The first thing to draw my attention was AFLAC, Inc. (NYSE:AFL), which I'd recently added to my portfolio. However, my initial purchase of AFL resulted in it only taking up a 2.32% Allocation in my portfolio, which is less than I want to eventually hold of this Dividend Champion. AFL has the #1 unweighted MyMM Ranking on my superlist, and when I apply a 20% weighting factor to the "percent allocation" metric, its MyMM Rank only drops to #6 out of 38.

So I decided to increase my current position in AFL by 18.2%, which will bring its % Allocation in my portfolio to 2.74%. I'd like to bring it up to 3.00% or a bit higher, if possible, but right now it has a Delta Ratio Reading of "Screaming!" despite being considered undervalued in terms of other metrics (and opinions), so taking a small bite now and waiting for a possible better price for more seemed the prudent thing to do. In addition, AFL is currently only yielding 2.74%, and my primary goal with this exercise was to increase the amount of dividends that I would have gotten if I'd purchased more EXC, which wouldn't be happening if I spent any more money on AFL now.

Finally, what jumped out at me next was that, despite having a relatively high percent Allocation in my portfolio of 4.28% already, BreitBurn Energy Partners, L.P. (NASDAQ:BBEP) is yielding 9.41% and "only" has a Delta Ratio Reading of "Too High." So I decided to increase my existing position in BBEP by just 8.0%, which will bring its percent Allocation in the portfolio to 4.62%. This is still below my self-imposed 5% threshold for any one position to hold, but this small addition of this high yielding stock should give my total future dividends a nice boost, too.

Conclusion

These changes will result in the following increases in these existing positions (including updated yields as of this past Friday's close):

Company

Ticker

% Incr

% Alloc

Yield

ConocoPhillips

COP

240%

4.27%

4.60%

Staples, Inc.

SPLS

44%

3.51%

3.56%

Crescent Point Energy Corp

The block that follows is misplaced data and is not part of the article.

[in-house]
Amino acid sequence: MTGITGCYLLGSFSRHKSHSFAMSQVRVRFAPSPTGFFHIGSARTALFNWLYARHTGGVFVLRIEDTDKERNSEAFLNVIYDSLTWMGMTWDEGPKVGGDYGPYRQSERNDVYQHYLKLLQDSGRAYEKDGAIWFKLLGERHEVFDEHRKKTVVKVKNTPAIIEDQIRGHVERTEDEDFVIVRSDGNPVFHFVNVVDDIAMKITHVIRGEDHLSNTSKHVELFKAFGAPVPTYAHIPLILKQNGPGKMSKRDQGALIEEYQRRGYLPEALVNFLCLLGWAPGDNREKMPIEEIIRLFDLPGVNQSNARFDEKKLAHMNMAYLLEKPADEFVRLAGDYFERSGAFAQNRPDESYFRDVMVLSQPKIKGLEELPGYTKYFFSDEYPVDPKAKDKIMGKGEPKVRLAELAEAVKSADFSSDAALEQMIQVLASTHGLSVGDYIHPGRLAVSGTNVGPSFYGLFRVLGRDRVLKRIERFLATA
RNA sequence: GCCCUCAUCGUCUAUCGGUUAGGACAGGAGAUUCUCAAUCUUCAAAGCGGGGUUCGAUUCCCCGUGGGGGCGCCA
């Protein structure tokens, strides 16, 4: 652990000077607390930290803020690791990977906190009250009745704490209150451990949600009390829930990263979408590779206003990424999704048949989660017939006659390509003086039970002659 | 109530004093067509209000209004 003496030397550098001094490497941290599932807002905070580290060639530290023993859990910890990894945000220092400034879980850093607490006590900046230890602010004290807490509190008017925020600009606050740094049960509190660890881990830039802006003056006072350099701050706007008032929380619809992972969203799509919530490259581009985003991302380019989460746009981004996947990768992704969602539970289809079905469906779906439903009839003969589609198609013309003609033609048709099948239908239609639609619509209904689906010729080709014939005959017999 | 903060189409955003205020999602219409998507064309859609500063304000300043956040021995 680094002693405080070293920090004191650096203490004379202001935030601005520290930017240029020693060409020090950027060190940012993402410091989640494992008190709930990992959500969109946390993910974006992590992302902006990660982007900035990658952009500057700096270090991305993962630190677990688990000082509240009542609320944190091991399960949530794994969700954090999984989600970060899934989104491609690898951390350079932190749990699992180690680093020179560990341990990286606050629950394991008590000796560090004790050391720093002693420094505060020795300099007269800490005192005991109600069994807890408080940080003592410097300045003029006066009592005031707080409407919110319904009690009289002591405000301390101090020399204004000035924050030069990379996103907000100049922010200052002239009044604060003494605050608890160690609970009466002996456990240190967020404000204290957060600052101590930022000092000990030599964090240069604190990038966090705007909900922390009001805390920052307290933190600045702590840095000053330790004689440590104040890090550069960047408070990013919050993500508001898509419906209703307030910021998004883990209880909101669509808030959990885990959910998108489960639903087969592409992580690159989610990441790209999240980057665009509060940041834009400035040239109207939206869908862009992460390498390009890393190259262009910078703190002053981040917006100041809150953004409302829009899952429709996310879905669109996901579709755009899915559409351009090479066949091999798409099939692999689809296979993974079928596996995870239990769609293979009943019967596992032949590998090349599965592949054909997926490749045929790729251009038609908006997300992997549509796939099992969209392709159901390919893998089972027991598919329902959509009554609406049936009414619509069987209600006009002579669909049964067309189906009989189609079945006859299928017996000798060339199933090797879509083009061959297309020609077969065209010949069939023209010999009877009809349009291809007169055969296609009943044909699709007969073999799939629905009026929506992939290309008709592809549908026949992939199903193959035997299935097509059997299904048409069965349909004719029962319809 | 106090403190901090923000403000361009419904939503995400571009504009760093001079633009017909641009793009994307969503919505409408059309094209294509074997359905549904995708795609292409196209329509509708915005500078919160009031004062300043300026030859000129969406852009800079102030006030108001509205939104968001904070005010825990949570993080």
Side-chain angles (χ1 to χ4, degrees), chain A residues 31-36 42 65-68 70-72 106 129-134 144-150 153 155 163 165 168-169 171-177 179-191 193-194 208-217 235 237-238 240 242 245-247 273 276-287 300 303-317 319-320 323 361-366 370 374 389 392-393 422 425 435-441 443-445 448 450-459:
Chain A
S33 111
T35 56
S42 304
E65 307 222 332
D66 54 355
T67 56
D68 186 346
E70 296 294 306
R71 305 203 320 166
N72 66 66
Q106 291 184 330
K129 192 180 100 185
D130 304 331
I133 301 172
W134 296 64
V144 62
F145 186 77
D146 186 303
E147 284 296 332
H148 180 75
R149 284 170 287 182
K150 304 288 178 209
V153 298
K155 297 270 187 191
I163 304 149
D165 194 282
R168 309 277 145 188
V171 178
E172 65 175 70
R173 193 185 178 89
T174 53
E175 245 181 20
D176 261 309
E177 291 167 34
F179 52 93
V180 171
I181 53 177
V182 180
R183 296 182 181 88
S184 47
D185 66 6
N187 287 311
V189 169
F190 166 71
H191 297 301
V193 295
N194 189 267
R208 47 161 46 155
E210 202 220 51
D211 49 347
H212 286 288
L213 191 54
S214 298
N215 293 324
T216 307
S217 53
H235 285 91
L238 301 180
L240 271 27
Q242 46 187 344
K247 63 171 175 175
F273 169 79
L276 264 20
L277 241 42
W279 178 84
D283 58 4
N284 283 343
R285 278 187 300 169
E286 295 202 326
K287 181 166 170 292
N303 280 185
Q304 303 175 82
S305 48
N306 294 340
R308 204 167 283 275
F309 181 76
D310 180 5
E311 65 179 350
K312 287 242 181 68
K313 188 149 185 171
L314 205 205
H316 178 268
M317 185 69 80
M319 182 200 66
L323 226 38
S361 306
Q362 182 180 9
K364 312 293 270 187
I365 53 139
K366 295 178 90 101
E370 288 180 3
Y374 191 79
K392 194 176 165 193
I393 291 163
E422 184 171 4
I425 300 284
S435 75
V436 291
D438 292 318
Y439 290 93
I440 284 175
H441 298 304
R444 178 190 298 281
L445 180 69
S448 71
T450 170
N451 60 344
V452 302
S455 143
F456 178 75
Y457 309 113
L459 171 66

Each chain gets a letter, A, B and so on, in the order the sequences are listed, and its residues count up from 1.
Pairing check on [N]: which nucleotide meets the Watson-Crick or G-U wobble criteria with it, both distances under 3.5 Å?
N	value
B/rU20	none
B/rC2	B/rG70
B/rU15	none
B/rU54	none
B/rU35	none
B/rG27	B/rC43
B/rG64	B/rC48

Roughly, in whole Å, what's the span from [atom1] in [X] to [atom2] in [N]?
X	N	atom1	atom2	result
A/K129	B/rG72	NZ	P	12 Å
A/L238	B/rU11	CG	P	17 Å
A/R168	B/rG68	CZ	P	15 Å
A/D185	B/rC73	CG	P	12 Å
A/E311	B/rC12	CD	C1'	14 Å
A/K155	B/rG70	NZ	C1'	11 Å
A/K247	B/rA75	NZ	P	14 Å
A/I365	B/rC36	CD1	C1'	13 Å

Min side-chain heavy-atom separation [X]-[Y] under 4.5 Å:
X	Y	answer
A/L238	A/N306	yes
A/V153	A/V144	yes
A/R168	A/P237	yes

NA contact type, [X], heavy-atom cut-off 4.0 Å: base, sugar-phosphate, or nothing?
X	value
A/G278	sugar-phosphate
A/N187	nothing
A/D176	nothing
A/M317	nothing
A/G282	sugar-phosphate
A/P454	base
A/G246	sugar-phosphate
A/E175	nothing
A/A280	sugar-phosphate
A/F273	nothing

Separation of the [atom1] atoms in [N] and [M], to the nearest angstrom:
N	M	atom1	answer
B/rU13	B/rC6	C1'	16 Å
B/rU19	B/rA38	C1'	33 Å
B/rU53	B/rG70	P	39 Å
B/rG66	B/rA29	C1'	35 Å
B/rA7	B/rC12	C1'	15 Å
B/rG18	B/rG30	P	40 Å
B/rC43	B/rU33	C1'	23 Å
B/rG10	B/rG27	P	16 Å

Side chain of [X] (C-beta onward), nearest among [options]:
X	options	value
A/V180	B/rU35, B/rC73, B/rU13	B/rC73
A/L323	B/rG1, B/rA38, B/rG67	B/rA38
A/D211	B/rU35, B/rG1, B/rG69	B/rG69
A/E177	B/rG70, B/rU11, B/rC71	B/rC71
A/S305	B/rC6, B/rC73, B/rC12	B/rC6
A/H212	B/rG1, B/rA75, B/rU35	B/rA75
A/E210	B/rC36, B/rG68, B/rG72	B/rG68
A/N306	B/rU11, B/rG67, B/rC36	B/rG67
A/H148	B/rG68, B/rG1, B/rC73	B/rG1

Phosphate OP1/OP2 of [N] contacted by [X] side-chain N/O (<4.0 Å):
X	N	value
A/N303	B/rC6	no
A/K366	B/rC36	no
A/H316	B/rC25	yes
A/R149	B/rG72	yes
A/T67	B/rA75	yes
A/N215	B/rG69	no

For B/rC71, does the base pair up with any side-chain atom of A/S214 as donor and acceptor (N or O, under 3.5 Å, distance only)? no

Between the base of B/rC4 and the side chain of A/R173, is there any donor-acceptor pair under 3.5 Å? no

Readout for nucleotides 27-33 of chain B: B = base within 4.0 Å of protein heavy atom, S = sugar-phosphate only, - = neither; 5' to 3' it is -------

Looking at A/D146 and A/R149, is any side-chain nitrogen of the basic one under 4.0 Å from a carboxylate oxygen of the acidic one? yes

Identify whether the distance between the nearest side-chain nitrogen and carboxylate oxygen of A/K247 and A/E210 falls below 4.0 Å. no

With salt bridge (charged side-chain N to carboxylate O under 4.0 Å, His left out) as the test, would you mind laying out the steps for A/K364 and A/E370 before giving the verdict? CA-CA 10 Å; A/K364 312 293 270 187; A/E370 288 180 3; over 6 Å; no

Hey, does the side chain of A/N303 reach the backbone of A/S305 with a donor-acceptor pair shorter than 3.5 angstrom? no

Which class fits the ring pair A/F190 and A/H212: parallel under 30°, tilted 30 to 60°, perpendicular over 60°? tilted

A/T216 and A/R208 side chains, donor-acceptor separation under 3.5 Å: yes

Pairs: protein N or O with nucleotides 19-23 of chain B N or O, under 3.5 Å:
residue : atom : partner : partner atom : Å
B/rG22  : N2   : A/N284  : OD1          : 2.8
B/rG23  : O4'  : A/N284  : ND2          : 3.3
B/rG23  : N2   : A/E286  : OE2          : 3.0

CSCTF.PK

77%

4.62%

6.01%

AFLAC, Inc.

AFL

18%

2.74%

2.74%

BreitBurn Energy Partners

BBEP

8%

4.62%

9.41%

The important result of making these changes is that the expected annual dividends that the new shares in these companies should produce represents an increase of 107.7% over the annual dividends that MDT and MSFT were producing, netting me about 20% more in income than my previous plans for these funds.

I've placed the limit orders for these purchases, so hopefully by the time you read this article those orders will have been filled.

That does it for September, 2012. There have been some other developments in my portfolio related to positions that I was still holding at my former brokerage firm, but as those funds won't be available to me until later this week at the earliest, I'll save the details of what's going to happen next for an October installment of "What Next To Buy, And Why?"

Stay tuned!

Source: My Mad Method: What Next To Buy, And Why? - September, 2012, Finale

Additional disclosure: Disclaimer: I am not a professional investment advisor or financial analyst; I’m just a guy who likes to crunch numbers and can make an Excel spreadsheet do pretty much whatever I want it to do, and I’m doing my best to manage my own portfolio. This article is in no way an endorsement of any of the stocks discussed in it, and as always, you need to do your own research and due diligence before you decide to trade any securities or other products.